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Let $X$ be a discrete-support stochastic variable. Information entropy is a number defined as $$H(X)=-\sum_{n} p\left(x_{n}\right) \log p\left(x_{n}\right) \geq 0$$ Let $\hat{H}$ be an estimation of $H$. Is it true that $\hat{H}$ is meaningless if $x_{n}$ are not i.i.d.? Could a random walk be used as a source?

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  • $\begingroup$ What do you mean by "$x_n$ are not i.i.d"? In this context, $x_n$ are not samples from a distribution, they are the range of $X$. $\endgroup$
    – Mahmoud
    May 6, 2021 at 12:18
  • $\begingroup$ @mhdadk: I mean that, if $\hat{H}$ can be defined in terms of frequencies (i.e., counts) $f\left(x_{n}\right)$ which go to replace $p\left(x_{n}\right)$ in $H(X)$, then $\hat{H}$ is meaningless if $x_{n}$ are not i.i.d.. $\endgroup$
    – Mark
    May 6, 2021 at 12:22
  • $\begingroup$ Could you be more specific in your question about what $\hat{H}$ is? It could be $$\hat{H} = -\frac{1}{N} \sum_{i=1}^N \log{p(x_i)},$$ but there is no way to tell. $\endgroup$
    – Mahmoud
    May 6, 2021 at 12:24
  • $\begingroup$ Actually, I have a time series I would like to estimate Shannon's entropy about. I wonder if this series should be considered a realization of an i.i.d. process to obtain a proper entropy's estimation $\endgroup$
    – Mark
    May 6, 2021 at 12:56

2 Answers 2

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Based on your comments, it seems that you are dealing with a random process/signal instead of a single random variable. Let this random signal be $$ \mathbf{X} = \{X_1,X_2,...,X_N\} $$ such that the set of possible values of $\mathbf{X}$ is $\mathbb{R}^N$. Since each of $X_1,X_2,...,X_N$ are continuous, then we are interested in the differential entropy of $\mathbf{X}$, otherwise known as the joint differential entropy of $X_1,X_2,...,X_N$. This is defined as $$ h(\mathbf{X}) = h(X_1,X_2,...,X_N) = -\int_{\mathbf{x} \in \mathbb{R}^N} p(\mathbf{x}) \cdot \log{p(\mathbf{x})} \ \text{d}\mathbf{x} $$ So, how well you estimate $h(\mathbf{X})$ depends heavily on how well you estimate the joint probability density function $p(\mathbf{x})$. The i.i.d assumption that you mention might be made to make it easier to estimate $p(\mathbf{x})$, but it may not necessarily be true.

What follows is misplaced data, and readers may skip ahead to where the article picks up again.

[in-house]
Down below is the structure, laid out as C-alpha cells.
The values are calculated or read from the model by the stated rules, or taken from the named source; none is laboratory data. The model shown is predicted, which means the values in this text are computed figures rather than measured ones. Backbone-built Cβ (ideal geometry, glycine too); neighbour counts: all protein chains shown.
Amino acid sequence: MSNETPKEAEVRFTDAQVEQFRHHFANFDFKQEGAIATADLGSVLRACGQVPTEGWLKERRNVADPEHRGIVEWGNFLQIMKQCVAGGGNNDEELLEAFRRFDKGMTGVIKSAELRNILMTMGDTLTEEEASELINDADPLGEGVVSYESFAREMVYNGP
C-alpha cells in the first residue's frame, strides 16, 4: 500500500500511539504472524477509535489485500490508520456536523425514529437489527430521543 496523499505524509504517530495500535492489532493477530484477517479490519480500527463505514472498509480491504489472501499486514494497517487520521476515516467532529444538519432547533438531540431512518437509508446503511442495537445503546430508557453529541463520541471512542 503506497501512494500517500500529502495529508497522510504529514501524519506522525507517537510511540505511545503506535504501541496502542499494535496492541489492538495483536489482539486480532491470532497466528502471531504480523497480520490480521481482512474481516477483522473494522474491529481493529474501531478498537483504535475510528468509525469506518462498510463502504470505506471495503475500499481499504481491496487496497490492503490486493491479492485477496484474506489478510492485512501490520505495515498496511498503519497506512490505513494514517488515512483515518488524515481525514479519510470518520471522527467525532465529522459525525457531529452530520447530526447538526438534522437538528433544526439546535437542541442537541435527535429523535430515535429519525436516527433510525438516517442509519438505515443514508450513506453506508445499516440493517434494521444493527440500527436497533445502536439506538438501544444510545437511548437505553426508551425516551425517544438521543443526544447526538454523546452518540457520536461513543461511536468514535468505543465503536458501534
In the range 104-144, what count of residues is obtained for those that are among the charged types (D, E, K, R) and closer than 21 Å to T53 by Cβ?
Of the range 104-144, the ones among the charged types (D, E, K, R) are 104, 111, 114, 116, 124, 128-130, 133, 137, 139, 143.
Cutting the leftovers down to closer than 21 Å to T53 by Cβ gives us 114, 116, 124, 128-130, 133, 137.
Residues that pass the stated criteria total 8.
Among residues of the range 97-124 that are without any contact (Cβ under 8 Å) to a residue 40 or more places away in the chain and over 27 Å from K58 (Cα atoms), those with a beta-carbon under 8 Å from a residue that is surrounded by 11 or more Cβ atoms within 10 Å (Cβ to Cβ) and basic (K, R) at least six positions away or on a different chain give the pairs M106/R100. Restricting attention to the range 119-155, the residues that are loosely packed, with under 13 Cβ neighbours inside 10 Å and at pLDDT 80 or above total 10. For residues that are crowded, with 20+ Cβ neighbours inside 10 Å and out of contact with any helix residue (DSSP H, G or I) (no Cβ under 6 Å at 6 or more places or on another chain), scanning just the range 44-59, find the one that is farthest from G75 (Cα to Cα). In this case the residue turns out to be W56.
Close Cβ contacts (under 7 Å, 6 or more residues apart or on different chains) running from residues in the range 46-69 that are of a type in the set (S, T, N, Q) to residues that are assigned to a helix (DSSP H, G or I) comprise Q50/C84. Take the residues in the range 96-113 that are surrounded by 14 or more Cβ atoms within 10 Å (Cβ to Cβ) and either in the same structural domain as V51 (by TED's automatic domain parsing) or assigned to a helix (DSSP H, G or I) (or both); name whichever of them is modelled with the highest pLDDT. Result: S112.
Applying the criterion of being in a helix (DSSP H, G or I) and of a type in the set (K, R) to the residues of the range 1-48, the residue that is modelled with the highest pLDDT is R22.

Wikipedia offers a more detailed discussion of entropy estimation methods.

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you probably refer to the asymptotic equipartition property? AEP Wikipedia $X_1,...,X_n$ have to be iid then, since $-\frac{1}{n}\log p(X_1,...,X_n)=-\frac{1}{n}\sum_i\log p(X_i)\rightarrow -E[\log p(X)] $ in probability, which is $H(X)$

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